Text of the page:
The "splash" or "tag line" for Time Echo reads, "Out of the gray mist vague shapes were forming." Here's some gray mist for ya, I've devised my own category for these old paperbacks, which are not old enough to fit in the Pulp Fiction category, I call them Post-Pulp. The whole lot of them, the second generation Fantasy and Sci-Fi writers, Fanthorpe, Carter, Stableford, they're all Post-Pulp.
Fanthorpe's the pulpiest of them all, his work borders on the
Action-Adventure genre which isn't, normally, on my reading list. Time Echo has
a simple enough plot; set in the year 2309, protagonist, Mike Grafton, flees
the forces of dictator Rajak the Magnificent and stumbles into a time-machine
during his escape. That stumble into the time machine is where Fanthorpe begins
to work his pulpy magic, or the art of the vague gray mist. Grafton goes back
in time to 1809 and Fanthorpe's backdrop is now, conveniently, the Napoleonic
campaign. Fanthorpe doesn't pass up the opportunity to give us a four page
biography of Napoleon's rise to military power.
This book is only 144 pages long and, by page 88, I could not see Fanthorpe
resolving his plot at the finish line. This tale reads like a writing
experiment in character development. Each character introduced to the story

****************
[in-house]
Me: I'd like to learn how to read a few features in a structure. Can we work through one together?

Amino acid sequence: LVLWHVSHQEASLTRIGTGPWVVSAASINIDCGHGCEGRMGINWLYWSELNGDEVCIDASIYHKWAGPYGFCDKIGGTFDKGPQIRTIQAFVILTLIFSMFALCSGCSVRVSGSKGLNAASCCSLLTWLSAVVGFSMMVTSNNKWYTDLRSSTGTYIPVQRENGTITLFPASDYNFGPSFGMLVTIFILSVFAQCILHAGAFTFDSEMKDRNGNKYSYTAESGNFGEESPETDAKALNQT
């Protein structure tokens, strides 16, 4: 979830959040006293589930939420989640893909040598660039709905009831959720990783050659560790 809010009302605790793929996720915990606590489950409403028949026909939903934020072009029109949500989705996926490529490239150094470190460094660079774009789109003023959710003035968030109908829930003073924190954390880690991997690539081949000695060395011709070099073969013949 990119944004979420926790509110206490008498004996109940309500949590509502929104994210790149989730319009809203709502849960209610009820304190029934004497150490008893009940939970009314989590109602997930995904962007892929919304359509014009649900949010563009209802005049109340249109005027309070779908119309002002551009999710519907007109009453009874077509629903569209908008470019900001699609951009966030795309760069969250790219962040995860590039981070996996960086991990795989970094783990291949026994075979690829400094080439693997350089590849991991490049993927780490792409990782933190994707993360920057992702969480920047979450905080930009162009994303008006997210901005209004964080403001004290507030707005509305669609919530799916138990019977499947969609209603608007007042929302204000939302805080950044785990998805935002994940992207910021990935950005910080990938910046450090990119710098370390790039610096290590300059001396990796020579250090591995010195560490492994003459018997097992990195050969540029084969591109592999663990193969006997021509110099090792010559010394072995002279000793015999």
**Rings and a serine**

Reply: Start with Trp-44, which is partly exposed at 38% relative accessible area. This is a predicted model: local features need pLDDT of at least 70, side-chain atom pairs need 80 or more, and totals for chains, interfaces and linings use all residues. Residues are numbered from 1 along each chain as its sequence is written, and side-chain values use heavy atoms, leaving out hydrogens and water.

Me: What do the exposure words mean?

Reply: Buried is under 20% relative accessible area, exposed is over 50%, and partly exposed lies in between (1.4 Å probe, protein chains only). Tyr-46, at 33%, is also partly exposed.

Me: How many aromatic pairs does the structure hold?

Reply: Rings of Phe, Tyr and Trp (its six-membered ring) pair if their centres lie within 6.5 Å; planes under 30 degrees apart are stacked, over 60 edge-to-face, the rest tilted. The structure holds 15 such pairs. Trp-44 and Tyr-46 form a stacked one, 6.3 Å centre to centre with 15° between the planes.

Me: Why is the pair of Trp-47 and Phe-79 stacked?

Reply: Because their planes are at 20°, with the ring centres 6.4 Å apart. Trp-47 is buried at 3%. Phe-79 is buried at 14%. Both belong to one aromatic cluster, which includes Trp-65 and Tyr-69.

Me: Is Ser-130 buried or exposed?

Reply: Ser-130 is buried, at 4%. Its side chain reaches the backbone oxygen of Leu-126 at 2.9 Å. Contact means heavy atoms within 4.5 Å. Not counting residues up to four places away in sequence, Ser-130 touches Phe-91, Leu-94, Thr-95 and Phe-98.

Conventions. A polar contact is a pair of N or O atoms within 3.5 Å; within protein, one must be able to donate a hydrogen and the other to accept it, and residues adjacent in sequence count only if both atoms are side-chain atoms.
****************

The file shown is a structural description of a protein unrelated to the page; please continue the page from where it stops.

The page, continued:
gets many pages dedicated to their physical, psychological and emotional
investment in the plot. This technique doesn't progress, enrich or support the
plot line but, does add to Fanthorpe's word count and leaves the book wide open
for plot flaws.
The most outstanding flaw in Time Echo is this line, "This was more
that the art of any Houdini." Vague gray mist and all, this phrase is used
by an Englishman, a native to the 19th Century, seventy years before
Houdini was born.
Fanthorpe spends about twenty-five pages each introducing the four central
characters of the tale. Then, he ties up the plot with his trademark
psychedelic scene. In a chapter titled "Realm of Insanity" two of the
main characters enter a dimensional travel device, or vehicle, too, again,
escape the security forces of Rajak the Magnificent. The dimensional travel
device is, of course, untested but should take the passengers to an alternate
Earth. Instead, it takes them on a seemly unending ride in the Tardis where a
kaleidoscope of colors serves as a backdrop for multiple alien images and
scenery. Due to a short circuit, the passengers eventually return to
their own dimension and time, Earth, 2903.
There is a lovable quality to Fanthorpe's work, a child like simplicity in
the stories which don't require a basis in logic. Lists of random items seem to
compose his tales; time travel, the Napoleonic Era and George Orwell's Eurasia
all stew into a "time echo." The setting, 2309: Eurasia, could be the
far future of Orwell's 1984 which Fanthorpe pays homage to in the following
lines, "What, the cigarettes? ... These are only cheap ones; the good
ones, now, that's what I call a smoke, but you can't get them unless you’re a
member of the inner party."
Inner Party member or no, Fanthorpe's many books are fun, relaxing reads
emphasizing the occasional simple joy of a twisted, chaotic plot line.